Jorge de la Rosa, Rockies
de la Rosa sure has played roster hot-potato for a lefty cooking in the low-90’s, having been a part of four trades while seeing time in the Arizona, Boston, Milwaukee, Kansas City and Colorado systems. The 28 year-old, as covered in great detail by Eno Sarris, has kicked off the 2009 season with a 2.99 FIP, 9.49 K/9 and 3.38 BB/9 in 42.2 innings. de la Rosa has been fortunate in the home run department (0.42 HR/9, 4.9 HR/FB%), but his XFIP (based on K’s, BB’s and a normalized HR rate) still checks in at a tidy 3.70. If de la Rosa can keep the walks at a moderate rate, he could be an asset in most any league.
Joe Mauer, Twins
I know- Mauer has long been a fantasy darling, as a line-drive hitting backstop with excellent control of the zone. But the 26 year-old’s power outburst to begin the ’09 season bears mentioning: he’s already popped 6 out of the park in 73 plate appearances (this after hitting a combined 16 dingers in over 1,100 PA’s during the 2007 and 2008 seasons). Don’t expect him to suddenly go all Mike Piazza on the league, but Mauer would only add to his immense value if he could loft 20 big flys in addition to his high-contact, patient act at the dish.
Ubaldo Jimenez, Rockies
Ubaldo has done a better job of limiting the base on balls in recent starts, with 22 K’s, 6 walks and 6 runs allowed in 27 frames during the month of May. Like de la Rosa, Jimenez has had some good luck on flyballs (0.20 HR/9, 2.4 HR/FB%), but his XFIP is a decent 4.43 despite a disastrous April (16 runs, 19/17 K/BB in 19 IP). The combination of whiffs (8.02 K/9) and worm-burners (50 GB%) makes the 25 year-old Dominican Republic native an intriguing trade target.
Jayson Werth, Phillies
The whole “is player X overrated/underrated” debate is obviously subjective, but Werth has to place among the more underappreciated talents in the game. How many people realize just how valuable this rangy, 6-2, 225 pounder has been for the Phillies since 2007? A 3.4 Win player in partial playing time in ’07, Werth posted a 5.3 WAR season for the Phillies in 2008 (tied with Jimmy Rollins for 2nd in a star-studded lineup), and he’s produced 1.4 wins already in 2009. With a .415 wOBA (.294/.396/.540) and 8 steals in 9 attempts, Werth is producing in every facet of the game. He’s even making a little more contact (23.8 K%, 29.9 career average), while raking against righties (.849 OPS) in addition to his usual lefty lashing (1.142 OPS).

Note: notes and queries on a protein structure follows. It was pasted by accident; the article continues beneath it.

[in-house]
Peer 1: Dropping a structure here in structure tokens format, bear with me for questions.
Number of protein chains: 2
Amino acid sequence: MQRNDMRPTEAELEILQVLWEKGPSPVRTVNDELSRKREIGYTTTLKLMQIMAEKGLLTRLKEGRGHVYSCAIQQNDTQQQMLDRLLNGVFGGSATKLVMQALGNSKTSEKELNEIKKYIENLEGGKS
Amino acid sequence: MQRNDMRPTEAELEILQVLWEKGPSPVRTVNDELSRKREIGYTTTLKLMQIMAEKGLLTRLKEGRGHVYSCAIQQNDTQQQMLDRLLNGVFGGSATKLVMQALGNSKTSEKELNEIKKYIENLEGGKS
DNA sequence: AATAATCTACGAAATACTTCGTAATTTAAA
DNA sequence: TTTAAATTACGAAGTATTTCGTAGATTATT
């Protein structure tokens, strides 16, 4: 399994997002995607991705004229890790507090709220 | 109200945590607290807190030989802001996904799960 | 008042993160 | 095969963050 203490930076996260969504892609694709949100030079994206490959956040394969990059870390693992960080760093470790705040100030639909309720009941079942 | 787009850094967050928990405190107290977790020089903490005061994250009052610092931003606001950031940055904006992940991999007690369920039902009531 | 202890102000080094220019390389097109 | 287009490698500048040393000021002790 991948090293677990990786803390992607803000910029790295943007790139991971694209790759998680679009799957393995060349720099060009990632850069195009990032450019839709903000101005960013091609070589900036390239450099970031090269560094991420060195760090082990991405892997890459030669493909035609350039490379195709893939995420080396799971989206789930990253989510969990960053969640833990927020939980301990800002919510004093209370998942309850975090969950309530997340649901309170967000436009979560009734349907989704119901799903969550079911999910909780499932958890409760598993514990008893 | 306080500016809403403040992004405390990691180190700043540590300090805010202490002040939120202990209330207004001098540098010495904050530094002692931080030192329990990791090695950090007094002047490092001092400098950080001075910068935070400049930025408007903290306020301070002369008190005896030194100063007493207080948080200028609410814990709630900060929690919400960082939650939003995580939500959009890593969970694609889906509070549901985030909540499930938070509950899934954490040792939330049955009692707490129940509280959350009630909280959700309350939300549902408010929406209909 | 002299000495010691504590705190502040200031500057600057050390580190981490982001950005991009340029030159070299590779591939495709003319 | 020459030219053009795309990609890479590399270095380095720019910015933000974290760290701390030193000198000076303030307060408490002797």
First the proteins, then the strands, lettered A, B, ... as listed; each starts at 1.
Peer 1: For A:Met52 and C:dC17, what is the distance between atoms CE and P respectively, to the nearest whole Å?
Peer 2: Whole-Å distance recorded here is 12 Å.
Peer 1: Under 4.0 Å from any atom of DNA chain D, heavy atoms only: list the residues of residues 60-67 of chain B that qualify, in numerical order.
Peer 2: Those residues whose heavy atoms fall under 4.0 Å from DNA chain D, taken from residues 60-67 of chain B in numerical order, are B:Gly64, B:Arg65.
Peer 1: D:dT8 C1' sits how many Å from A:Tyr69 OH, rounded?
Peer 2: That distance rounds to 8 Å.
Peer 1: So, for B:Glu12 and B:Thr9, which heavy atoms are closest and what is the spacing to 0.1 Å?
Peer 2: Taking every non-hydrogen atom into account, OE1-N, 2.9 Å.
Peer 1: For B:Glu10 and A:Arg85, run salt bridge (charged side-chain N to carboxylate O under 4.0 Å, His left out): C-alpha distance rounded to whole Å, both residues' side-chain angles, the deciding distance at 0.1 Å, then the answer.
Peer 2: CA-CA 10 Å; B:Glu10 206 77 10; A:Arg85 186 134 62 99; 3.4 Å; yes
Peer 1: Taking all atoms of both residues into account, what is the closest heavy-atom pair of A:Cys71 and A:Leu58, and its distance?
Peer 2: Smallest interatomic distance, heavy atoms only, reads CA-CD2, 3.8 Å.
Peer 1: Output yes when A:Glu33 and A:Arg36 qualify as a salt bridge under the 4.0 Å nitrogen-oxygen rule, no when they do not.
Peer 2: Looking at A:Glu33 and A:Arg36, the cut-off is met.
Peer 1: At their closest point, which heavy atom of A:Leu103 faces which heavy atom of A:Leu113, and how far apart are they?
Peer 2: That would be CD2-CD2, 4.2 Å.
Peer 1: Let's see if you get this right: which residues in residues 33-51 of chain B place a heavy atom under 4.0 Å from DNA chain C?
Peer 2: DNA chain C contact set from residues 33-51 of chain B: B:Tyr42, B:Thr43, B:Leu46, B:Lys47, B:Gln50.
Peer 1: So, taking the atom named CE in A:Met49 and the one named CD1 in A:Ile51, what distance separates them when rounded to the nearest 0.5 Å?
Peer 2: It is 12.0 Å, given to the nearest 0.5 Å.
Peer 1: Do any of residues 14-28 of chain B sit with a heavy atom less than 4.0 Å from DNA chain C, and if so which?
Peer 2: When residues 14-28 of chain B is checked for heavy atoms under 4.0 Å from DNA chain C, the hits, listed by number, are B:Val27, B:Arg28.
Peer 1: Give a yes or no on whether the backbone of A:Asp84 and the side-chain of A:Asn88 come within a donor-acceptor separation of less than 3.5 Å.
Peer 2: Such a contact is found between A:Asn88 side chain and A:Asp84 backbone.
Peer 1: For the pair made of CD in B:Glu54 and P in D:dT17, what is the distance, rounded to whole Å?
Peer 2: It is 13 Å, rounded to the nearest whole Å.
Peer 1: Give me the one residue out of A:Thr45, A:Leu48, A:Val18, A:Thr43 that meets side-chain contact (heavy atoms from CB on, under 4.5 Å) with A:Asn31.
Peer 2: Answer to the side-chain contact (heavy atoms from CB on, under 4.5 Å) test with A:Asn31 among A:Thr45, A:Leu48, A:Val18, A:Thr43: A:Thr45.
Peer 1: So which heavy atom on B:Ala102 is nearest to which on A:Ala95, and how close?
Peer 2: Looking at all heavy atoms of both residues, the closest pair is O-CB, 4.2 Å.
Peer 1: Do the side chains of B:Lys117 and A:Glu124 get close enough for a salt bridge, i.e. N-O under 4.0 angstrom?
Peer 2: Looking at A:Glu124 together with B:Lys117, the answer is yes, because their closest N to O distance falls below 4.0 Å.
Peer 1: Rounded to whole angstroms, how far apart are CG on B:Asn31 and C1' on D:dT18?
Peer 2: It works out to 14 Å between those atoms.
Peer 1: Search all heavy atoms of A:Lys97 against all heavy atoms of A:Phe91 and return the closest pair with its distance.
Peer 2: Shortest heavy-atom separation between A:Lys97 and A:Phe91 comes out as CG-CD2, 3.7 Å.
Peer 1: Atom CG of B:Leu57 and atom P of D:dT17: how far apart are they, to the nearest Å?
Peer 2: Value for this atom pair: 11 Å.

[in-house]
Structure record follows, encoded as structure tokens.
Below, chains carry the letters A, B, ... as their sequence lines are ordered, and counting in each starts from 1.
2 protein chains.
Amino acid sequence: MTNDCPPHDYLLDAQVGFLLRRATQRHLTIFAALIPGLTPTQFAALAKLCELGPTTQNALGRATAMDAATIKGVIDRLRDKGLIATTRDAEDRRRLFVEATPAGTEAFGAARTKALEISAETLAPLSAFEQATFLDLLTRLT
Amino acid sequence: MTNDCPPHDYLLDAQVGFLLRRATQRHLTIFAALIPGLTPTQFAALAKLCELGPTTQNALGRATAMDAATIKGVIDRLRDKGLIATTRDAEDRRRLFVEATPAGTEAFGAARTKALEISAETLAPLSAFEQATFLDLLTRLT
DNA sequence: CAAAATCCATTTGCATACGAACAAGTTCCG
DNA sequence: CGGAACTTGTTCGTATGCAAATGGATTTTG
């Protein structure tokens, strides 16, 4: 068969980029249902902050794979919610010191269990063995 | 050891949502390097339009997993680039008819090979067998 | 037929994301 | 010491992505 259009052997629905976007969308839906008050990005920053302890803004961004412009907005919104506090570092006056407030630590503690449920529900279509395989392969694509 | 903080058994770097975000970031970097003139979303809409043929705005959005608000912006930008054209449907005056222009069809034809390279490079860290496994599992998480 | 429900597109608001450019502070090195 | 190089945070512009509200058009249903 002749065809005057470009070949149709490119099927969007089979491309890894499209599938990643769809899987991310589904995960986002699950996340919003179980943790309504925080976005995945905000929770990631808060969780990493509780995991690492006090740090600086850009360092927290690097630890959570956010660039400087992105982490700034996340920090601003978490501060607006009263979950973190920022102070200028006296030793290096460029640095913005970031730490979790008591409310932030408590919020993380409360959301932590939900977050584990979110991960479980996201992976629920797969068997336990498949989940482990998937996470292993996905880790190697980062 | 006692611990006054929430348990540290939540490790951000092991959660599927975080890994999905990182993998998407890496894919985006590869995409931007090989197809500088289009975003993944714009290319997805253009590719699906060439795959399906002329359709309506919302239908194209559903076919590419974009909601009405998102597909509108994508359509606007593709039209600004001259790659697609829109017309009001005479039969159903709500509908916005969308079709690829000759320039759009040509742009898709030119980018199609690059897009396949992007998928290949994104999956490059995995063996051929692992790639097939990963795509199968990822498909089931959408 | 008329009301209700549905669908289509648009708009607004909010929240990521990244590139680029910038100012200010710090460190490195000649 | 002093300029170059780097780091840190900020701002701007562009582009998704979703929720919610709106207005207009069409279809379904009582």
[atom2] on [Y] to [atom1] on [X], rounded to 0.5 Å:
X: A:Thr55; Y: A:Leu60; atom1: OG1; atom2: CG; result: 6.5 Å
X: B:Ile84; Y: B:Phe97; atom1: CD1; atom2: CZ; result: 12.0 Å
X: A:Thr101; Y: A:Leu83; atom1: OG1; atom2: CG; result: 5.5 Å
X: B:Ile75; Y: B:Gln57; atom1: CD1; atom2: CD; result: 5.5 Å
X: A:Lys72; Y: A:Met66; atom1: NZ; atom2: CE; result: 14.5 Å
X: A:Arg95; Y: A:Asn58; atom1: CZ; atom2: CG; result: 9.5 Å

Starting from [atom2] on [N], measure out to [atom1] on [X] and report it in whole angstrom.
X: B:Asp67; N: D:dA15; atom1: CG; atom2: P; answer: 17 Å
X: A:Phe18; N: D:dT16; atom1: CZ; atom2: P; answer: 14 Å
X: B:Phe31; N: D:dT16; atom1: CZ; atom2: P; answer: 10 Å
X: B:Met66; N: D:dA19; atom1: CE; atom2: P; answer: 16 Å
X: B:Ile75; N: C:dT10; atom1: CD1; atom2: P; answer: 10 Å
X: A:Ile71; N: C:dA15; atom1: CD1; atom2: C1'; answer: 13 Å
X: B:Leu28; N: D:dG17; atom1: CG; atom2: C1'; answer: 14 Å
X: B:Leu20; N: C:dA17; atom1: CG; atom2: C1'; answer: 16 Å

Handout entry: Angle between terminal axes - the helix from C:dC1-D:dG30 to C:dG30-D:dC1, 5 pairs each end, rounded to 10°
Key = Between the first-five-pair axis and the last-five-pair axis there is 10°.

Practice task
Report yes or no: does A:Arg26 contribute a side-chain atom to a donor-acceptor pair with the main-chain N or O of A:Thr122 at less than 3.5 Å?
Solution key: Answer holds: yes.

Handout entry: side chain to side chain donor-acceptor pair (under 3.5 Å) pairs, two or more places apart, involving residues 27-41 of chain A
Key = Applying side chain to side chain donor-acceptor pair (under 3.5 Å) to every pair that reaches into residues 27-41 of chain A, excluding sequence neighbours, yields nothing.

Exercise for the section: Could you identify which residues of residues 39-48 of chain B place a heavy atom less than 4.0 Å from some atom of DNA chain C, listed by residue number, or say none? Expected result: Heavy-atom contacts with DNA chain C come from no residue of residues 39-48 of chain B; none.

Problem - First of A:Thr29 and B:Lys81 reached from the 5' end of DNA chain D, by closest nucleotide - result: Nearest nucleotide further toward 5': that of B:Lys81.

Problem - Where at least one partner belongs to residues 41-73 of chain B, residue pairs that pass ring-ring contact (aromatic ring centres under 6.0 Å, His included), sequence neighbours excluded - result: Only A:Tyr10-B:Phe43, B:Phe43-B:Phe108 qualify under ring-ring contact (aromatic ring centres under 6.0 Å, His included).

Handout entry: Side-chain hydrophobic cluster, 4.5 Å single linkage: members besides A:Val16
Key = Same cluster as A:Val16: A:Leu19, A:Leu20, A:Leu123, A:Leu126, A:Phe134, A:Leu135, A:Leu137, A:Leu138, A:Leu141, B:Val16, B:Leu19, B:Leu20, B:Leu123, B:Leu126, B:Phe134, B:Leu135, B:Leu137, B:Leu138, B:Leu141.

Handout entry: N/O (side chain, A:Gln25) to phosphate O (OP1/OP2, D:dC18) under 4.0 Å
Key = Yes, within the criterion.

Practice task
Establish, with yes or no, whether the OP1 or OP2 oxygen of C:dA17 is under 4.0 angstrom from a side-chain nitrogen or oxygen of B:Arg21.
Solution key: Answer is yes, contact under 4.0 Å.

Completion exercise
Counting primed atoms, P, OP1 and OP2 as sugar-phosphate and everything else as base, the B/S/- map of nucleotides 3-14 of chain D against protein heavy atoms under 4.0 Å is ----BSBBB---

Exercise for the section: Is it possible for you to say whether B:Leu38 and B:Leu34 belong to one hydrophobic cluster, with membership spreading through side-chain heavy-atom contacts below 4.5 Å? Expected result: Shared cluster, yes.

Rick Porcello, Tigers
Porcello has gone from Seton Hall Prep to viable major league starter in less than two seasons, as the 20 year-old sinkerballer has allowed 2 runs in 18 innings during the month of May. Porcello isn’t blowing batters away (5.67 K/9), but he’s stingy with the free passes (2.95 BB/9) and generates grounders (53.6 GB%) with the sinker, a mid-70’s curve and a low-80’s changeup. Porcello is doing a better job of throwing his three quality offerings (particularly his curveball) from the same arm-slot. Check out his release point chart against the Yankees, in a 3.2 inning, 6 run drubbing on April 29th…
…and his release point in a 6-inning, 1 run gem against the A’s on May 16th…
Alexei Ramirez, White Sox